Are men totally useless in Zero Motivation? Well, they can come in handy when you want to use one of them as a sexual object.
Zero Motivation, written and directed by Tayla Lavie. At Kendall Square Cinema, Cambridge, MA.
By Gerald Peary
When Israeli filmmaker Tayla Lavie was here in November for the Boston Jewish Film Festival, I asked her if my analogy was correct: that her enthralling first feature, Zero Motivation, was a Hebraic version of M*A*S*H. She readily agreed. Altman’s anarchic war comedy is one of her favorite films, and she actually tried to get her release company to do the Zero Motivation poster as a mock-up of the original poster for M*A*S*H.
OK, then, Zero Motivation is an Israeli retort to M*A*S*H. Its cast of slackers and underachievers drafted into the Israeli army are as indifferent to their country’s wars as are M*A*S*H’s nihilists, who barely notice they’re fighting in Korea. In both films, the “cool” characters, though in uniform, would far rather play infantile games than battle an enemy; and the straightlaced officers who believe in the military are figures of ridicule.
But the comparisons stop here. Vive la différence! Trapper and Hawkeye, the brash, sexist, rakish heroes of Robert Altman have been supplanted by Daffi (Nell Tagar) and Zohar (Dana Ivgy), willful female protagonists. Here’s a movie set in the army which, at every moment, is about women serving in the army. Lavie has no interest in her army men except to satirize them and criticize them. One soldier cheats on his girlfriend, another is a macho rapist, another tells anti-gay jokes. The officers we meet are a condescending, macho lot who insist that women soldiers serve them coffee, a chance for them to gawk at the women’s butts. Are men totally useless in Zero Motivation? Well, they can come in handy when you want to use one of them as a sexual object. That’s about it for Israel’s proud male military machine.
Zero Motivation is set in the women’s bunker on a tiny army base in the deep south of Israel, on an arid desert far from any city. The buildings look like a welfare motel, and the women live in extremely close quarters, on shaky bunk beds in dormitory-sized rooms. It’s all stifling and pretty boring, as everyone waits out the required two years of military service. Only one woman, Rama (Shani Klein), is an officer. The others pass their days in menial, non-combative office jobs. Daffi and Zohar lie about, indulge in video games, and plot to sneak around their high-level military duties: to empty trash cans and shred the paper products they find therein.
Zohar gets by, mostly because she is so happy in her tight friendship with Daffi. But Daffi sniffles and cries night and day, piling up soiled tissues, as she craves to escape. She yearns to be stationed in idyllic Tel Aviv. She dreams of walking on wide streets paved with palm trees and shaded by modernist, towering skyscrapers. Obsessively, Daffi types out letters to the Israeli high command begging to be transferred. Zohar’s obsession? To get laid. She sees herself as the only virgin who grew up on a kibbutz, the only virgin among the army women, the only virgin on the whole army base.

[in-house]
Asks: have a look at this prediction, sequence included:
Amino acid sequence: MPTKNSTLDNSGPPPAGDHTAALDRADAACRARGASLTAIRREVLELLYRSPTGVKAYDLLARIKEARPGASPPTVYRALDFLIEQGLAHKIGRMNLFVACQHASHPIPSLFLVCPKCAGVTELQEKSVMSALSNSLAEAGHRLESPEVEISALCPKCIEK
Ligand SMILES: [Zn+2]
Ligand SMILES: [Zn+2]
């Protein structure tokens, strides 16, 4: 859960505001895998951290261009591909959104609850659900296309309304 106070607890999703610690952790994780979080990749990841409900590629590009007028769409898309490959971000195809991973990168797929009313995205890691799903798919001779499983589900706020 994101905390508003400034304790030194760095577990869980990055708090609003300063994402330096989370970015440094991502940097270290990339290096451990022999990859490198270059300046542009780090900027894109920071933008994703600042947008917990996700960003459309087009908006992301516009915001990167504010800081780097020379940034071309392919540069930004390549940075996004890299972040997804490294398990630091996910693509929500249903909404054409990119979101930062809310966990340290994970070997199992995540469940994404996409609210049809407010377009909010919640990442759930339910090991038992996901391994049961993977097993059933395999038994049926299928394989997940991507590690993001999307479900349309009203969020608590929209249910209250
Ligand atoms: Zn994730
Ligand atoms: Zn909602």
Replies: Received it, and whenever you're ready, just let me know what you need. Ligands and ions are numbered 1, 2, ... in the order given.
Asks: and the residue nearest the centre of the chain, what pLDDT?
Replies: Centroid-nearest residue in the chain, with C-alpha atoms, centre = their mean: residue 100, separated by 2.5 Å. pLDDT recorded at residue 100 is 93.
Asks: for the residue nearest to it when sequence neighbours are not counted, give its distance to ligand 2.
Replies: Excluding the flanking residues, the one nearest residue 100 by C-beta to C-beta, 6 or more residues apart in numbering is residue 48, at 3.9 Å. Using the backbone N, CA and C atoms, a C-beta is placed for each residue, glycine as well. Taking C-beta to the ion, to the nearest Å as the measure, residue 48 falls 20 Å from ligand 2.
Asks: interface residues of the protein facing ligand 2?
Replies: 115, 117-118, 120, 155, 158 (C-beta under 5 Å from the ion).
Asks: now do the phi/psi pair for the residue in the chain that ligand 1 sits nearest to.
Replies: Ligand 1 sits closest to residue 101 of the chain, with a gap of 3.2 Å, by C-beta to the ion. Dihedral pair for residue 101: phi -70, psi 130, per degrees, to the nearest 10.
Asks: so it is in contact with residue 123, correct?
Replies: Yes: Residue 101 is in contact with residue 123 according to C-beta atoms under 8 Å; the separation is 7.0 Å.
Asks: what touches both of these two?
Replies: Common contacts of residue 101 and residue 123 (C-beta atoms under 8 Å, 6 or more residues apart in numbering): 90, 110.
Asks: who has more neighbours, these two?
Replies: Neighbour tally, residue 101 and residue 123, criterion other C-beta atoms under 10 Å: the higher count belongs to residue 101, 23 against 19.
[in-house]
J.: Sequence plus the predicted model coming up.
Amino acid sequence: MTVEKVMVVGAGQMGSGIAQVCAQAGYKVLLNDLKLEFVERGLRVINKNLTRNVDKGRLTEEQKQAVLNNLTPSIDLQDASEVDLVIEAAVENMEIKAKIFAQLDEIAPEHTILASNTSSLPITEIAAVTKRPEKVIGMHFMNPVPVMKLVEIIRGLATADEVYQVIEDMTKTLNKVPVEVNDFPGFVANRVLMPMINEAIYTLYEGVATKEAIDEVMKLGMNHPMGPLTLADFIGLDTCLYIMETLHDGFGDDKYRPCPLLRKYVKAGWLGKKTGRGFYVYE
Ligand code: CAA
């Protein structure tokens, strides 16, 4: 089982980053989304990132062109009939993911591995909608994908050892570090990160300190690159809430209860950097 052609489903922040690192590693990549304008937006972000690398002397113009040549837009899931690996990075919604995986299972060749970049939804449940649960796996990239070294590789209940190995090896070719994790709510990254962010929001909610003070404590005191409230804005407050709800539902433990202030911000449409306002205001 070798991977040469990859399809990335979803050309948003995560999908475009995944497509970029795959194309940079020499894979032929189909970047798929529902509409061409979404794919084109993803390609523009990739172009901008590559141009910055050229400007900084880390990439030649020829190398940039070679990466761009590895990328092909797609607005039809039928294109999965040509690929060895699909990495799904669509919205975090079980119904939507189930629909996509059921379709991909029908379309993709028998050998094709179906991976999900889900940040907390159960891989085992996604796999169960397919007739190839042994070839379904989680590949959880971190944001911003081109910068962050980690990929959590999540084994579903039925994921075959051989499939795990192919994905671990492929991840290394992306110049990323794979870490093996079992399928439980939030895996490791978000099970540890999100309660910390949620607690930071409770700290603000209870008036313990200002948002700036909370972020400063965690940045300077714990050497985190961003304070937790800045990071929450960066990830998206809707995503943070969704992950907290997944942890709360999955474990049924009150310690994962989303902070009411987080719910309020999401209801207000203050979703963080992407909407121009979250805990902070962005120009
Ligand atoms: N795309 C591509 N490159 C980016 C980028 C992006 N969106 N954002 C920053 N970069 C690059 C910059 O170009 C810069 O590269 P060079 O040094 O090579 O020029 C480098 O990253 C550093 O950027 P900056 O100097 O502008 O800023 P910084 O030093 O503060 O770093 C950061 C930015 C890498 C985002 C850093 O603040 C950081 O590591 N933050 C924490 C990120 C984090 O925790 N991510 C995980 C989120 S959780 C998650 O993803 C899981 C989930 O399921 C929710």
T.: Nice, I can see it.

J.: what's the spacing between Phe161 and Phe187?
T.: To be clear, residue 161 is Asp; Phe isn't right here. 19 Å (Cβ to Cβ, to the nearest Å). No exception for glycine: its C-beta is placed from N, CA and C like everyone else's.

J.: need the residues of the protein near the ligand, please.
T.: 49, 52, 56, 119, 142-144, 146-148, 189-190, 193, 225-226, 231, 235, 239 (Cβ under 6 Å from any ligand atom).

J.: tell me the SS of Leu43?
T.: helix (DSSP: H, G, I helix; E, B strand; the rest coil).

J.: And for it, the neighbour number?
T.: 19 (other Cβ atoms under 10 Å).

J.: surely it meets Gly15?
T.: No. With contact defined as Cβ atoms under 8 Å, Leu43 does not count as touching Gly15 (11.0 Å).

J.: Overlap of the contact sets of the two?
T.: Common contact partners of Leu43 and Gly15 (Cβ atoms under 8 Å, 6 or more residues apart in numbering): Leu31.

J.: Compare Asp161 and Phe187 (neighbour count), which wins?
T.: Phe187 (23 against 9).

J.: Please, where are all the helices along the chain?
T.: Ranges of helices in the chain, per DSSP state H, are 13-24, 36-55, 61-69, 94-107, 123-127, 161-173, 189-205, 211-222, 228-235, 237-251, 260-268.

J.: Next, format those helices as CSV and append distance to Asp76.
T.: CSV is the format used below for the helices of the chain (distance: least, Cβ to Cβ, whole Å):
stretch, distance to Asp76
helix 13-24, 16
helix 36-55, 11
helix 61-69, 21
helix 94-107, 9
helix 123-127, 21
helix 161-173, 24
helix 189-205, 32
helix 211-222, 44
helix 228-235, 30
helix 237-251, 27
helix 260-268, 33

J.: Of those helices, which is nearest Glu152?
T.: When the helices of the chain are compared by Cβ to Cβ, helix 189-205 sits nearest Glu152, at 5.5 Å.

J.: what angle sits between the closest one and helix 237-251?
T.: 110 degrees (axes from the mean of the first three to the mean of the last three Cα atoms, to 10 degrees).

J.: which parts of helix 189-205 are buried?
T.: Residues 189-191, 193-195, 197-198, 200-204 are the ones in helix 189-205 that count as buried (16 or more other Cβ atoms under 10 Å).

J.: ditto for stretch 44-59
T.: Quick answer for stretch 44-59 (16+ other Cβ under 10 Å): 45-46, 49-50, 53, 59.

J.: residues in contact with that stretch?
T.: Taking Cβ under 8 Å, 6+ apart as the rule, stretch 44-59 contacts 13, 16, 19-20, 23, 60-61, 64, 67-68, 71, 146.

There are several interesting side plots, one involving a suicidal young woman whose boyfriend has cruelly moved on, another a Russian volunteer haunted by a bloody ghost, another the vain attempts of the only female officer to either rise up in rank or get the respect of the unmotivated women under her command. But most of Zero Motivation deals with the unraveling of Zohar and Daffi’s friendship, after each has betrayed the other. There is no forgiveness, just escalating rage and hostility, culminating in an almost lethal fight involving loaded staple guns.
Did I mention that both female protagonists are deeply self-absorbed, and also a little bit crazy? Director Lavie clearly adores her women characters but she certainly doesn’t sentimentalize them. And unlike in most military comedies, the protagonists never shape up and learn to be disciplined soldiers eager to fight for their country. As the title says: zero motivation. How treasonous they would seem to those late Israeli leaders, David Ben-Gurion and Ariel Sharon, whose hawkish visages look down from a wall behind a roomful of male officers.
Gerald Peary is a professor at Suffolk University, Boston, curator of the Boston University Cinematheque, and the general editor of the “Conversations with Filmmakers” series from the University Press of Mississippi. A critic for the late Boston Phoenix, he is the author of 9 books on cinema, writer-director of the documentary For the Love of Movies: the Story of American Film Criticism, and a featured actor in the 2013 independent narrative Computer Chess